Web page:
Cryptocurrency firm Ripple has applied for a crypto asset firm registration with the UK’s Financial Conduct Authority (FCA) following a partial victory against the U.S. Securities and Exchange Commission.
According to Source, Ripple CEO Brad Garlinghouse confirmed that the company submitted an application for the registration, which will allow it to legally operate and provide crypto services in the UK. Garlinghouse said the decision follows “months of constructive conversations” with UK regulators.
Ripple is also seeking a payments license from financial regulators in Ireland as part of its expansion plans in Europe. The move comes after a federal judge ruled that XRP, the cryptocurrency associated with Ripple, was not an investment contract in all cases.
The SEC had claimed that XRP was a security due to Ripple’s role in its creation and distribution. However, the court found that XRP sold to retail investors did not constitute an investment contract, though XRP sold to institutional investors could be considered securities.
The case is not over yet, and the SEC still has the option to appeal. Nevertheless, Ripple and the crypto industry viewed thejudge’s decision as a significant and positive step toward regulatory clarity in the U.S.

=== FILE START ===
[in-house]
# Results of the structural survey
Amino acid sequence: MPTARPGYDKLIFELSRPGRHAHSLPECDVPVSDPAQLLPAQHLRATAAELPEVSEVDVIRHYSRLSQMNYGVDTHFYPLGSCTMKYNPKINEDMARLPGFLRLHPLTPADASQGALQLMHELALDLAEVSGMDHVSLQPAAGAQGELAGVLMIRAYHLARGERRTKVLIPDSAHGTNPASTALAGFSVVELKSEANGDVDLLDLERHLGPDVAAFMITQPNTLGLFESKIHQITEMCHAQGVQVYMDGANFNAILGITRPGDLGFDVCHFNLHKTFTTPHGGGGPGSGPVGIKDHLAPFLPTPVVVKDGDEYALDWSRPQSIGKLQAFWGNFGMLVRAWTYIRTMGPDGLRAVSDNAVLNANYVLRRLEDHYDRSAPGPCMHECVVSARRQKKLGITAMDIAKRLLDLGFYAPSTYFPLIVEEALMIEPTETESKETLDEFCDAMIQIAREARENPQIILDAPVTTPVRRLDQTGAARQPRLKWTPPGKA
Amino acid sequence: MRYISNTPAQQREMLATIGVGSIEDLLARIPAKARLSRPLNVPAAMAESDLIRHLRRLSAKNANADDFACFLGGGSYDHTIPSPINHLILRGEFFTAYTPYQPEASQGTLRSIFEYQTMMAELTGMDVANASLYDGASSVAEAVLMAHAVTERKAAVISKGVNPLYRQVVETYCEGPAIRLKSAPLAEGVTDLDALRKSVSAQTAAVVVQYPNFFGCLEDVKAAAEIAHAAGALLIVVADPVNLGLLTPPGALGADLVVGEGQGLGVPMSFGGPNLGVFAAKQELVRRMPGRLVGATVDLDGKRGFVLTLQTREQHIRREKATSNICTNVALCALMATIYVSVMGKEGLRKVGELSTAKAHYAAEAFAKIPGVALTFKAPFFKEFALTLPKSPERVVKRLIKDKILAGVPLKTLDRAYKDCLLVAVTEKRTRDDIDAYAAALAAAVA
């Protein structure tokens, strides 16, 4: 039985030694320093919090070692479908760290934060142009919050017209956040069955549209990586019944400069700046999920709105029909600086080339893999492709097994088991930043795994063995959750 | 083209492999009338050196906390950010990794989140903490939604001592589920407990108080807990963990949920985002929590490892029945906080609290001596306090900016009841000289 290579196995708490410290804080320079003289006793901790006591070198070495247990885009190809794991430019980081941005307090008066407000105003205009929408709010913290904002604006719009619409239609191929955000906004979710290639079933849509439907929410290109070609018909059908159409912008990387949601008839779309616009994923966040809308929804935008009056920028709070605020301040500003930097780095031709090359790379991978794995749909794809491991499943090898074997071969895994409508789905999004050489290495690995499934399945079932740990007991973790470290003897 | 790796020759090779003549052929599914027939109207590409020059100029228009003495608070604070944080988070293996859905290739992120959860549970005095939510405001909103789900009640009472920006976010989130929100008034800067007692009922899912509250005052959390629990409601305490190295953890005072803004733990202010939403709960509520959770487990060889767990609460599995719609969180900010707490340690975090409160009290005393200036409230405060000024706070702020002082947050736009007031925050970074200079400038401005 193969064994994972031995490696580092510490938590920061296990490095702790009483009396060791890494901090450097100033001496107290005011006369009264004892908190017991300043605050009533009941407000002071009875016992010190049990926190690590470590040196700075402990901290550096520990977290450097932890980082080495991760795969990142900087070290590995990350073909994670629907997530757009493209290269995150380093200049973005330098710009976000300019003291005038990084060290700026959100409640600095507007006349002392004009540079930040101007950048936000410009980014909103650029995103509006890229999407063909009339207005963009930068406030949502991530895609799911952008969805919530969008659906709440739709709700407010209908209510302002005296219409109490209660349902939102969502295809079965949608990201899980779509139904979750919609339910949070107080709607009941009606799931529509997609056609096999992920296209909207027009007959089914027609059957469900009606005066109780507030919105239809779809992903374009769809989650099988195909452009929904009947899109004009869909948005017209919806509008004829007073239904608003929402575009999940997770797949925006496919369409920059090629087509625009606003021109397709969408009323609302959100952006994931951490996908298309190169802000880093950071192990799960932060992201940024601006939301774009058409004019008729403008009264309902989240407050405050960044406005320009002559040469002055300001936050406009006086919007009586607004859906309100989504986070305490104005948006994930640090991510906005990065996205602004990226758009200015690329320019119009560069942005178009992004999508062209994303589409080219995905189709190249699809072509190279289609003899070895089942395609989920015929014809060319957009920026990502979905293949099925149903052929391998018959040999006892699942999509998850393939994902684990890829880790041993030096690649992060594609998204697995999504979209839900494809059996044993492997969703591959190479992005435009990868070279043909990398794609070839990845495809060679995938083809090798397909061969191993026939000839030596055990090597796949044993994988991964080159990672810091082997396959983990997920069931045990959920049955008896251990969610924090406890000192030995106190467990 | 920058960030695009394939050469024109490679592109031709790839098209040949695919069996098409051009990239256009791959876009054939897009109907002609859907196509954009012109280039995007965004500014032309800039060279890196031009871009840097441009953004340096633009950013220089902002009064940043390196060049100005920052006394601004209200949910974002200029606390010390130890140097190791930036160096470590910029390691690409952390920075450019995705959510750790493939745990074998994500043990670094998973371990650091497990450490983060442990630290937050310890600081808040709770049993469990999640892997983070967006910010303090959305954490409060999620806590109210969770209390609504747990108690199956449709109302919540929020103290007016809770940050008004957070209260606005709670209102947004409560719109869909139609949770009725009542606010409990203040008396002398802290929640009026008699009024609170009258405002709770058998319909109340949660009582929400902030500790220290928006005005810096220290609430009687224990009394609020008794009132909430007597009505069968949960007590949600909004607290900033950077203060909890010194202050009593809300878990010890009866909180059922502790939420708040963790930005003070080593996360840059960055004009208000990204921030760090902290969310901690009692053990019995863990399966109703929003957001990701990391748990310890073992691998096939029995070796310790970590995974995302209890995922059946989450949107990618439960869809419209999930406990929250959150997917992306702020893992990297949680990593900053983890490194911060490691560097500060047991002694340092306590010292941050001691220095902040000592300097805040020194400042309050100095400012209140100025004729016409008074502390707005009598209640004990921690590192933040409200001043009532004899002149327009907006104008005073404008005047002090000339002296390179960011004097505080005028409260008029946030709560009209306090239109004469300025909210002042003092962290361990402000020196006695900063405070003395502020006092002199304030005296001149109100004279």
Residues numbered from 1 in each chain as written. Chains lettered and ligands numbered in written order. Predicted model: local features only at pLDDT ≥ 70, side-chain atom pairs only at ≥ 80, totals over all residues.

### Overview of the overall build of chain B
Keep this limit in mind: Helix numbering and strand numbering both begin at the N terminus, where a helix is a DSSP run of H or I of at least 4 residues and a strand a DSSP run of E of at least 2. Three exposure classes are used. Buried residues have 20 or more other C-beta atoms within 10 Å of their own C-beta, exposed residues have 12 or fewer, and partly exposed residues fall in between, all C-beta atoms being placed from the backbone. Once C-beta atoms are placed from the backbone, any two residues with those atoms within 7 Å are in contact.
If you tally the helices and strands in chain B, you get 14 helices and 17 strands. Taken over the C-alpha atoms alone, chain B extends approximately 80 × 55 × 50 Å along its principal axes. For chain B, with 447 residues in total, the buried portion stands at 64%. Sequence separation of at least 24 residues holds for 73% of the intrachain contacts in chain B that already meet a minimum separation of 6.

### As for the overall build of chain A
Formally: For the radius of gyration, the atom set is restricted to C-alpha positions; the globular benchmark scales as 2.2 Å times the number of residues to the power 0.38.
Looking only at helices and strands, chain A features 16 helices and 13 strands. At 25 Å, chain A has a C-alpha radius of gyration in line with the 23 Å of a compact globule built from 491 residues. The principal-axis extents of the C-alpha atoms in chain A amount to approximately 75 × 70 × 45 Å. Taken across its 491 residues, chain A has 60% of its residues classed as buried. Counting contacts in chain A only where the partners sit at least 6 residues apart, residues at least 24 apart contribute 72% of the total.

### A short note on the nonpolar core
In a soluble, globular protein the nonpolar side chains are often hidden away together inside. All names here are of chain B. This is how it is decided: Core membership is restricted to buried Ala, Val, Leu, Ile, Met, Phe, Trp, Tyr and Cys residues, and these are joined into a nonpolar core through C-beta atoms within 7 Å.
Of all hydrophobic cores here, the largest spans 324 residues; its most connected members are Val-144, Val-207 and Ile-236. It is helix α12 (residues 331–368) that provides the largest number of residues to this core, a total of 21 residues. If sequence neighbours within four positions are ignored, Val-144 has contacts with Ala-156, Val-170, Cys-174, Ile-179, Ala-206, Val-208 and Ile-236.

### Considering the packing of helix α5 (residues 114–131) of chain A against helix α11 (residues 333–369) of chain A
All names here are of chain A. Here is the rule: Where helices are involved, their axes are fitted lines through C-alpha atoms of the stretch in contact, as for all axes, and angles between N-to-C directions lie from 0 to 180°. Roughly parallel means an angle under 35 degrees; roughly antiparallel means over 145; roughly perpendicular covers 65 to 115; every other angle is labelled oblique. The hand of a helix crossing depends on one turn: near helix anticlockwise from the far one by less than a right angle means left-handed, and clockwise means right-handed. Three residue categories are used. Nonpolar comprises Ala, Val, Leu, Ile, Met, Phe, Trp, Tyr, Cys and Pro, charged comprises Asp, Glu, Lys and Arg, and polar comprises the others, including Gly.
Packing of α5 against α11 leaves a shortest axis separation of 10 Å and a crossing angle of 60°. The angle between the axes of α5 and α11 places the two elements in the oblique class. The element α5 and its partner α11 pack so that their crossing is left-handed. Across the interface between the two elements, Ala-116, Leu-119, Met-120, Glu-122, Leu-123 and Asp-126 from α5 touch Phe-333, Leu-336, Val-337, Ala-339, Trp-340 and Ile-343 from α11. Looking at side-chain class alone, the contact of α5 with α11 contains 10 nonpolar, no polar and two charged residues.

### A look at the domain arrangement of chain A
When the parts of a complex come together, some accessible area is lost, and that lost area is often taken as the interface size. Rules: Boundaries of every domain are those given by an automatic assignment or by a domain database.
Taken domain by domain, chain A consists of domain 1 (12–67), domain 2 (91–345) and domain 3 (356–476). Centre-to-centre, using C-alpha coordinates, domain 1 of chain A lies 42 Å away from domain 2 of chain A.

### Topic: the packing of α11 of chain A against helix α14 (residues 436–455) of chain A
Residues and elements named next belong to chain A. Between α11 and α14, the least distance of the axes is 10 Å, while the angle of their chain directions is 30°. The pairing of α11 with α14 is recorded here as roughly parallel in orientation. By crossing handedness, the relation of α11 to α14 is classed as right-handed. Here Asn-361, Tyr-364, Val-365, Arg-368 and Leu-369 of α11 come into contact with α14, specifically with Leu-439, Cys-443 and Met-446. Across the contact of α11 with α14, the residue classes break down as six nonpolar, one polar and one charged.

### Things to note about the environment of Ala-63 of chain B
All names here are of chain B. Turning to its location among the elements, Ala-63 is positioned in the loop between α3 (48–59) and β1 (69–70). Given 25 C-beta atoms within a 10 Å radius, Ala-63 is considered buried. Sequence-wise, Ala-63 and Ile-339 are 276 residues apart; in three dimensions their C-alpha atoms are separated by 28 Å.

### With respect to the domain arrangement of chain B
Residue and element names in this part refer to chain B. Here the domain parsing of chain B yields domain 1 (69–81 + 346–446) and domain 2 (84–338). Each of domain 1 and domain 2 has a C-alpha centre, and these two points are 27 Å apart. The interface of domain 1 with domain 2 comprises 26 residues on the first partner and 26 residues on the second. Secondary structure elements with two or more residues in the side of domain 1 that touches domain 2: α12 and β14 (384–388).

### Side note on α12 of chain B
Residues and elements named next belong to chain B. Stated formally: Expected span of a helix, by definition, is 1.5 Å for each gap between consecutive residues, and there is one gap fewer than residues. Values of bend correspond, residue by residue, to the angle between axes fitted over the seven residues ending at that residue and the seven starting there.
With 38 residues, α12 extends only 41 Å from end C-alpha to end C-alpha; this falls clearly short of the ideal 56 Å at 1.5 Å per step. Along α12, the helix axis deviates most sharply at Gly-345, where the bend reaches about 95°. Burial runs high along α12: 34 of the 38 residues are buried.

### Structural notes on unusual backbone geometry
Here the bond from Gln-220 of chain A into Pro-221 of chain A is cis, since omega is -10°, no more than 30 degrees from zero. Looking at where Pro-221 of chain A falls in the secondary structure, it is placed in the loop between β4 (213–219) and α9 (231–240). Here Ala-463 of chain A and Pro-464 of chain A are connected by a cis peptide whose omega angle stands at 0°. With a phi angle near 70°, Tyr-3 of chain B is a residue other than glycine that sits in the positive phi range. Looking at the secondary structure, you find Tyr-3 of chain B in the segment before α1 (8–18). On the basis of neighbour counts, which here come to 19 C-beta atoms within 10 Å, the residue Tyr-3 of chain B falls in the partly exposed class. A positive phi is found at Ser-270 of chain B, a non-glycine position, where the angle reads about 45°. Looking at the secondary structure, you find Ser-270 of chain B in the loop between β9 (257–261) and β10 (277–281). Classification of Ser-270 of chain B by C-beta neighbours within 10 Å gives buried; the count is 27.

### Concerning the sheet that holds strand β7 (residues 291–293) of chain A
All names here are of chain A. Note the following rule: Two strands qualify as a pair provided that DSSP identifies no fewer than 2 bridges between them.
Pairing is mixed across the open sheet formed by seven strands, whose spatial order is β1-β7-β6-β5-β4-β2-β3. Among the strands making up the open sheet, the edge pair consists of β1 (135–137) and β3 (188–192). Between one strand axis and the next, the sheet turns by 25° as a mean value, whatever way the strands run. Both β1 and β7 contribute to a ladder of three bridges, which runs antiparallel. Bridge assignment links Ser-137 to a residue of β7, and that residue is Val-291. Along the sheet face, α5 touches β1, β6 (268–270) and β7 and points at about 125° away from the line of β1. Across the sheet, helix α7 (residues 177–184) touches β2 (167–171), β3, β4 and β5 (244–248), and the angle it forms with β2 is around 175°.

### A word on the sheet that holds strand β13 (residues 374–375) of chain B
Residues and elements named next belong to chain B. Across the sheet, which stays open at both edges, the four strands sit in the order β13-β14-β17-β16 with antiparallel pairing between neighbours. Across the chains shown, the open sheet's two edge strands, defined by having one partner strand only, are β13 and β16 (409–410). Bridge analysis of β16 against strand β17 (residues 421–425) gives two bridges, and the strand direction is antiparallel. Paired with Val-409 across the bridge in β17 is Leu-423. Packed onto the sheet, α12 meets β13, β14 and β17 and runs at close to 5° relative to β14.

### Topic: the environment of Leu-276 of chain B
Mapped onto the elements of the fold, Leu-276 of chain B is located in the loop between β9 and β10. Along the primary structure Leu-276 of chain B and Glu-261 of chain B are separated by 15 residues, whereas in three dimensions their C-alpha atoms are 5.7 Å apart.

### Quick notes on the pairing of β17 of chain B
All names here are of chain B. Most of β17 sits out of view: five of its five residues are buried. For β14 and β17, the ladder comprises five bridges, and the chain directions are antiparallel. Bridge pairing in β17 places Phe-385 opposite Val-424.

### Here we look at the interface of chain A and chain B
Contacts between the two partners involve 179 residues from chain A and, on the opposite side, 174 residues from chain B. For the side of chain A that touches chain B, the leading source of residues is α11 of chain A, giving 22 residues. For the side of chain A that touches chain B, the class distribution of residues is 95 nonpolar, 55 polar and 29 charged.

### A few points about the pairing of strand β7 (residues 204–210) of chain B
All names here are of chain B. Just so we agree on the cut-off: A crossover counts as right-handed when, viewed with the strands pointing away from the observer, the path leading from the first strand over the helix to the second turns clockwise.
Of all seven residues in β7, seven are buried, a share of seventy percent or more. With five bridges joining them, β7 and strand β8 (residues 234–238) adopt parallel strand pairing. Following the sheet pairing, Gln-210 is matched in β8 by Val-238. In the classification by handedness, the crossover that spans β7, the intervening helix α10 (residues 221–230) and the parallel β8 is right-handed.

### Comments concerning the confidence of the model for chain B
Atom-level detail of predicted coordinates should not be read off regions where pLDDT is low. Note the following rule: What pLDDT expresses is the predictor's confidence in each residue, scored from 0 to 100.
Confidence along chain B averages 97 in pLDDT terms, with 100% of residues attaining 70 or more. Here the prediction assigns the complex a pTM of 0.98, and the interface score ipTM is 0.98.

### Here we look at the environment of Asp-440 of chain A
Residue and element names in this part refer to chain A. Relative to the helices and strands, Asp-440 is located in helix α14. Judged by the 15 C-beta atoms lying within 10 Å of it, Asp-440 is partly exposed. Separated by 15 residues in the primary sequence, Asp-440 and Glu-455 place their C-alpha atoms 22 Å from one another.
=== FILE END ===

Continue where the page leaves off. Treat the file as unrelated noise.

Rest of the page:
Ripple’s applications with UK and Irish regulators reflect a broader trend of crypto firms looking outside the U.S. for friendlier regulations and business environments. The SEC has ramped up enforcement actions against cryptocurrency businesses in recent years.
Business advisory firm Andreessen Horowitz recently announced it was opening its first international office in London, citing “months of constructive conversations” with UK regulators and a “predictable business environment.”
The UK government has introduced several pieces of legislation aimed at establishing a regulated crypto market. A bill giving regulators greater authority over crypto businesses recently became law after being granted royal assent.
Meanwhile, lawmakers in the British House of Lords are discussing proposals to expand authorities’ ability to seize cryptocurrencies used for criminal purposes. The draft bill would give authorities more flexibility in confiscating and recovering digital assets.
Overall, Ripple’s applications for crypto licenses in the UK and Ireland demonstrate how some firms are seeking respite abroad from the uncertain regulatory climate for cryptocurrencies in the U.S. The UK appears to be moving quickly to establish itself as a hub for crypto businesses seeking more supportive policies.